- Less than 30 percent would give up printed books, magazines and newspapers, photos or official documents. However, more than 60 percent of students would be comfortable going paperless with bank statements, class schedules/grade reports and bills.

"The survey shows that college students are certainly concerned about the planet's future, and want to take steps to reduce their impact - we find that very encouraging," Fix said. "It's also interesting that even with all of the electronic options available to today's youth that paper is still important - whether in the classroom as the medium for their education - or on the wall as a symbol of years of hard work and dedication."

"Something could always go wrong with electronics," one student said of their reason for wanting a printed diploma. "Diplomas are important mementos."

"Getting a diploma over an email makes it seem so much less official," commented another student in the survey. "You worked for it like mad, and gave the school thousands of dollars, the least they could do for you is give you that piece of paper."

As part of the survey, students were asked how they typically send personal notes at an important moment to someone they really care about. Thirty-one percent said they write it on paper, because it's more meaningful and the recipient would appreciate it more. A note on paper beat out a phone call (27 percent), text (22 percent) and email (20 percent).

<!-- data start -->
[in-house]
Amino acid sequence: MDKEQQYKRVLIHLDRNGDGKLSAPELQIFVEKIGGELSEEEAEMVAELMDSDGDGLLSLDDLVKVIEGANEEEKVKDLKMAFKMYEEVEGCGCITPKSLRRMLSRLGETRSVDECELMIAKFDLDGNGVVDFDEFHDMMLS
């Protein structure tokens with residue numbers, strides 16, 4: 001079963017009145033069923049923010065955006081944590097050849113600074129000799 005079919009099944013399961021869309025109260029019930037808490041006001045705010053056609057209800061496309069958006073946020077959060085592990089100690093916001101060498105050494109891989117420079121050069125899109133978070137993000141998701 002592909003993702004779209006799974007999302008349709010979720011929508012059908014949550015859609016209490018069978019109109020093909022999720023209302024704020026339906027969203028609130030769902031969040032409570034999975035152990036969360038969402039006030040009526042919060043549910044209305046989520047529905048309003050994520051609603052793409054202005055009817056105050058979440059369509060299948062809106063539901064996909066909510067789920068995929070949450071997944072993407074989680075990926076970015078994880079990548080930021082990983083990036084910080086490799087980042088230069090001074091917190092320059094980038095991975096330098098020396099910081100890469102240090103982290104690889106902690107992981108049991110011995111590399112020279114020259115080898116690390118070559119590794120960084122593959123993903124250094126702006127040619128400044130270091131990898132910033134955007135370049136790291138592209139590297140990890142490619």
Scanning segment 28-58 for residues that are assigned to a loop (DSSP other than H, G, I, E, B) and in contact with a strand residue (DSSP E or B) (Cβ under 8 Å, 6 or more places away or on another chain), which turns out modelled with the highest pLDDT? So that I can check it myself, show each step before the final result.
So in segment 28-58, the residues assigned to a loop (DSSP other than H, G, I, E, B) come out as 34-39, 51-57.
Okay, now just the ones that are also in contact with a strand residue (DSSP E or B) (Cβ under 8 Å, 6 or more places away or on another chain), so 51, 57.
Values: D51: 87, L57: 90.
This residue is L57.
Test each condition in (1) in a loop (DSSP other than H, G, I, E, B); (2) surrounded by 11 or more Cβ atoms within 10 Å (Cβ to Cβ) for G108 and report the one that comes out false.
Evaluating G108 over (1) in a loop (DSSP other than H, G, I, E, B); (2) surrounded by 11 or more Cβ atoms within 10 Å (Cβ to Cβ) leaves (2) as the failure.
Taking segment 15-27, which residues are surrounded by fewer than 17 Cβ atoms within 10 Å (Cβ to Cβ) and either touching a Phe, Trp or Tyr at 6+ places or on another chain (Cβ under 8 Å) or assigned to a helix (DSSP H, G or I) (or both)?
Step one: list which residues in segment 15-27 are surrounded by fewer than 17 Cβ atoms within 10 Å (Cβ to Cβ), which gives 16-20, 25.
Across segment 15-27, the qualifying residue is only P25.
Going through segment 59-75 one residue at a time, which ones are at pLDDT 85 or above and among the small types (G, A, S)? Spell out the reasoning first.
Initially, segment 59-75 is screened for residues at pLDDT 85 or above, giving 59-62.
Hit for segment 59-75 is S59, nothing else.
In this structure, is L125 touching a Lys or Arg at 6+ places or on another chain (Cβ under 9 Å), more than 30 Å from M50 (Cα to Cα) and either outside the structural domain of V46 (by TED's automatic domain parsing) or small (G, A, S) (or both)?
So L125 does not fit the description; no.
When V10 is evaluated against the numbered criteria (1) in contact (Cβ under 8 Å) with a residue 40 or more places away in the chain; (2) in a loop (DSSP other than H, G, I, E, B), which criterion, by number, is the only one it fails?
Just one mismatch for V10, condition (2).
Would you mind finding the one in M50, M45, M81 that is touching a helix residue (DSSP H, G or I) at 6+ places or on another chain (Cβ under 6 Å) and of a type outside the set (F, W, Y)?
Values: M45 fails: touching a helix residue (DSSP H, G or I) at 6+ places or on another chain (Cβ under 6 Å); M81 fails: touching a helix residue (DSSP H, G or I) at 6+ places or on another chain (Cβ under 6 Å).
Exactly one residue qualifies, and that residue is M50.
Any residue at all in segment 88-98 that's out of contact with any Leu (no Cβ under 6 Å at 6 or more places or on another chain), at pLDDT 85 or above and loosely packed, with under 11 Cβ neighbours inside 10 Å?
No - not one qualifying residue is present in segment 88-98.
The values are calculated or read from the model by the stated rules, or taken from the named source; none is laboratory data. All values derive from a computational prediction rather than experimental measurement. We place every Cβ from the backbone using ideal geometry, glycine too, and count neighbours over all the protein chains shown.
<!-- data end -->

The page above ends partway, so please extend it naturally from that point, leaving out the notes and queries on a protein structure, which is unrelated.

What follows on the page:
When it comes to landing a job after graduation, 47 percent of students say they will send out resumes electronically, while 27 percent report they will send out both electronic and paper resumes and 17 percent say they prefer to send their resumes on paper. "It was interesting to see the weight students place on using paper for documents that are important to them - everything from their college diploma to textbooks to personal notes to key people in their lives," Fix said. "For some reason when it comes to their resume - a critical first step in building a career, the largest share of students plan to use email to reach potential employers. Based on how they react to a document on paper, they may want to rethink relying solely on electronic copies of their resumes."

Domtar invests in projects to increase forest certification and reduce the environmental impact of its operations. Because of this, Domtar has earned the support of respected environmental organizations. More than three-fourths of the energy used at Domtar mills comes from renewable, carbon neutral sources, and Domtar has cut green house gas emissions by 33 percent since 2002 - far exceeding the requirements of the Kyoto Protocol.

"Domtar is at the forefront of the responsible use of paper in part because the future of our business is linked to a healthy environment and the availability of both virgin and recycled fiber. We're not just a paper company, we're a sustainable paper company," Fix says. "Students should not feel guilty about using our paper, because paper is a plant based product that is renewable, sustainable and recycled with ease."